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Currently I use Linux to do full disk encryption and have it setup where I can ssh into the box to remotely unlock the machine during boot, as it is a headless server. Since this doesn't seem possible with Windows, I plan on using my existing boot implementation using Linux's LUKS/dmcrypt boot sequence, but then use 'kexec' to chainload a Veracrypt Windows system partition, similar to what is discussed here:

https://superuser.com/questions/451035/does-a-windows-7-system-volume-encryption-tool-exist-that-allows-remote-unlockin/

Since I already have everything locked down using the Linux LUKS/dmcrypt boot sequence, I want to be able to load the Veracrypt Windows system partition without user intervention. Is there any way to acheive this, either by using a blank password somehow, hard coding or piping the password into the Veracrypt bootloader, or using a resuce disk image to accomplish that?

  • through the use of a keyfile. plus not entirely pointless depending on what your goals are. if you're merely trying to avoid prying eyes from seeing files in the clear if someone were to steal your computer, than this at the very least would discourage that – onlinespending May 13 '16 at 17:59
  • yes, it does. you can use an empty passphrase and keyfile, though it appears there is a restriction for system partitions. I may just have to use Bitlocker since that appears I can do unattended boot with the use of a keyfile. Don't be so fixated on the mention of a blank password when that's not the heart of the question, nor was it ever intended to be a solution without the use of a keyfile. – onlinespending May 13 '16 at 18:10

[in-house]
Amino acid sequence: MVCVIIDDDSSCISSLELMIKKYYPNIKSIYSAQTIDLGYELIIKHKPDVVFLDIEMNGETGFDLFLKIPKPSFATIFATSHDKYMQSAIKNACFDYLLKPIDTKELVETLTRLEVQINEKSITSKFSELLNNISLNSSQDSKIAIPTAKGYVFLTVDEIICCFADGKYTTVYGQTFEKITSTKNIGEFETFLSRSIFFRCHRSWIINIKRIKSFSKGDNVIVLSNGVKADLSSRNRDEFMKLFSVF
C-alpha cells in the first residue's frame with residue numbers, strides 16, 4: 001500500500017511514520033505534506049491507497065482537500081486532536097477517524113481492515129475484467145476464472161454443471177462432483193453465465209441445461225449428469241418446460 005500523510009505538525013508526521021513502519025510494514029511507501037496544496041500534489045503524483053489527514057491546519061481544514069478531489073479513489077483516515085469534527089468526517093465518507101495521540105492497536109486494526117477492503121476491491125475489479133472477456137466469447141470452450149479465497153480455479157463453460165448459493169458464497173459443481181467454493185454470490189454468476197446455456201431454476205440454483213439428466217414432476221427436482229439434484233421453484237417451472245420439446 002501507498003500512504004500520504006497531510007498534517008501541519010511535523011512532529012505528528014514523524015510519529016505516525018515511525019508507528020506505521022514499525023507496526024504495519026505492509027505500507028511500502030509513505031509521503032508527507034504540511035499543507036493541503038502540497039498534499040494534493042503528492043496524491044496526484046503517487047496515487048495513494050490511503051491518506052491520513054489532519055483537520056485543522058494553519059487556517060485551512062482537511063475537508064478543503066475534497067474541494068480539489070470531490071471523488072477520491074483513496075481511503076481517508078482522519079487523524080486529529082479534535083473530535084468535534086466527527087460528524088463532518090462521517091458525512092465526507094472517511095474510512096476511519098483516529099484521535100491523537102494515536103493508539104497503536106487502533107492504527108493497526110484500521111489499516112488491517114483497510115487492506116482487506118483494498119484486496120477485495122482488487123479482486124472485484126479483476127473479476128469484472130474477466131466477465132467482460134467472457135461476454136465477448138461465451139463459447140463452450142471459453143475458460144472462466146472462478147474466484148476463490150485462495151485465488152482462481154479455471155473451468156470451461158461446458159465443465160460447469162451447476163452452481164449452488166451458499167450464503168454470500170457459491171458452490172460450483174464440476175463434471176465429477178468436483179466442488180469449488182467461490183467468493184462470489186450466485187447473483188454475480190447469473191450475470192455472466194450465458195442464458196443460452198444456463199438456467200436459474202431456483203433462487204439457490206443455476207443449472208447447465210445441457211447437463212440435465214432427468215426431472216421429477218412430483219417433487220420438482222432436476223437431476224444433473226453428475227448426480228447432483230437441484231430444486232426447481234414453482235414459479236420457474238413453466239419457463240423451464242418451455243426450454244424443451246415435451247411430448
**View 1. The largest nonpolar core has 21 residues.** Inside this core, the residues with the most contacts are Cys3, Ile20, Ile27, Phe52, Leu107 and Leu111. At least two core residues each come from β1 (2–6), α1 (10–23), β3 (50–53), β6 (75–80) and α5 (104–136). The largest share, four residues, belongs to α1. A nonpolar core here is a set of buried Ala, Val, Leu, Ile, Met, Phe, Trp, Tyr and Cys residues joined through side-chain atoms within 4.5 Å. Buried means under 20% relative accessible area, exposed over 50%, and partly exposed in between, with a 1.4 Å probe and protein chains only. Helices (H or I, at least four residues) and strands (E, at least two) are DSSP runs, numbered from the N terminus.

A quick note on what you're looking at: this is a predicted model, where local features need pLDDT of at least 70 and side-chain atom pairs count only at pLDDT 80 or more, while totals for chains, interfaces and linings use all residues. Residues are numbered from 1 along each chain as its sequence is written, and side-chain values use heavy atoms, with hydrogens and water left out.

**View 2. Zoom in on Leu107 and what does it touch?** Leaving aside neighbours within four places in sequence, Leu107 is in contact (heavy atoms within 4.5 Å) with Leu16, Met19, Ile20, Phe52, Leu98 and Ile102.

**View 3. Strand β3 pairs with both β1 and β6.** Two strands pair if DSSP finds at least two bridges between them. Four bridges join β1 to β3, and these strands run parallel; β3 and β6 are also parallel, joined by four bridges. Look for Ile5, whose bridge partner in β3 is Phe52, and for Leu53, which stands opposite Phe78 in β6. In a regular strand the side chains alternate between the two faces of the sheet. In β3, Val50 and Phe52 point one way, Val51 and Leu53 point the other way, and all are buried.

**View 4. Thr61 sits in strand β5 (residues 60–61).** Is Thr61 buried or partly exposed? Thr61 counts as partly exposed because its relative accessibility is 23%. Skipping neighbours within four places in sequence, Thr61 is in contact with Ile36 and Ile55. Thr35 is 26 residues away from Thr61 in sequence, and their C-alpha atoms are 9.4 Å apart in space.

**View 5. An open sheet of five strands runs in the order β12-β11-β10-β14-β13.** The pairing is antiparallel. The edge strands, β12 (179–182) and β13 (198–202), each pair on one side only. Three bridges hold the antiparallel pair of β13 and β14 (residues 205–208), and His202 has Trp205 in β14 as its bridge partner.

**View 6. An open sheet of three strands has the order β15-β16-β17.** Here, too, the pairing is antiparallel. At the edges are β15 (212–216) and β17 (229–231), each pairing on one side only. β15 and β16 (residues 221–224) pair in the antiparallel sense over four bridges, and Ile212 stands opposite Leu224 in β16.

• the idea is that the keyfile would be stored remotely or on a usb drive. and yes, Bitlocker does allow you to do this. They even allow you to only store the key in the TPM – onlinespending May 13 '16 at 18:17
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Unfortunately not. Looked hard into subject, but there's no way to have the most desirable scenarios working: - pre-boot authentization via keyfile (of course! who doesn't love feeling safe just by removing USB drive?) - have mixed auth for system or non-system drives, while start them all at boot Let us know if anything changed in 2019.

  • You can do this if you use BitLocker to encrypt the Windows partition and create another partition that mimics a USB drive that will hold the key file, which is one way to boot-up a encrypted Windows system. Basically you do a secure boot through Linux, which then copies the Windows Bitlocker keyfile from an encrypted location in the Linux file system to the "USB drive" partition. Then you have Linux reboot directly to Windows which now looks for the keyfile in that "USB drive" (say D: or whatever you used when installing Windows). Once you boot Windows you do a secure erase of the keyfile – onlinespending Jan 10 '19 at 0:18
  • but this is not for daily use? Keep unlocking and deleting the keyfile. – user533385 Jan 11 '19 at 12:13
  • I bitlocked the Win partition and using one key on USB flash and another Data partition is veracrypted and uses another USB flashdrive to unlock. However veracrypt startup is very much delayed (long time after logon), causing more troubles, it's such a shame they cannot use keyfile at boot, passwords are annoying and unsecure (you can throw away USB flashdrive but cannot burn your braincells holding the password). Bitlocker, on the other side, is untrustworthy. So not perfect solution since Win drive still contains tons of traces. – user533385 Jan 11 '19 at 12:22

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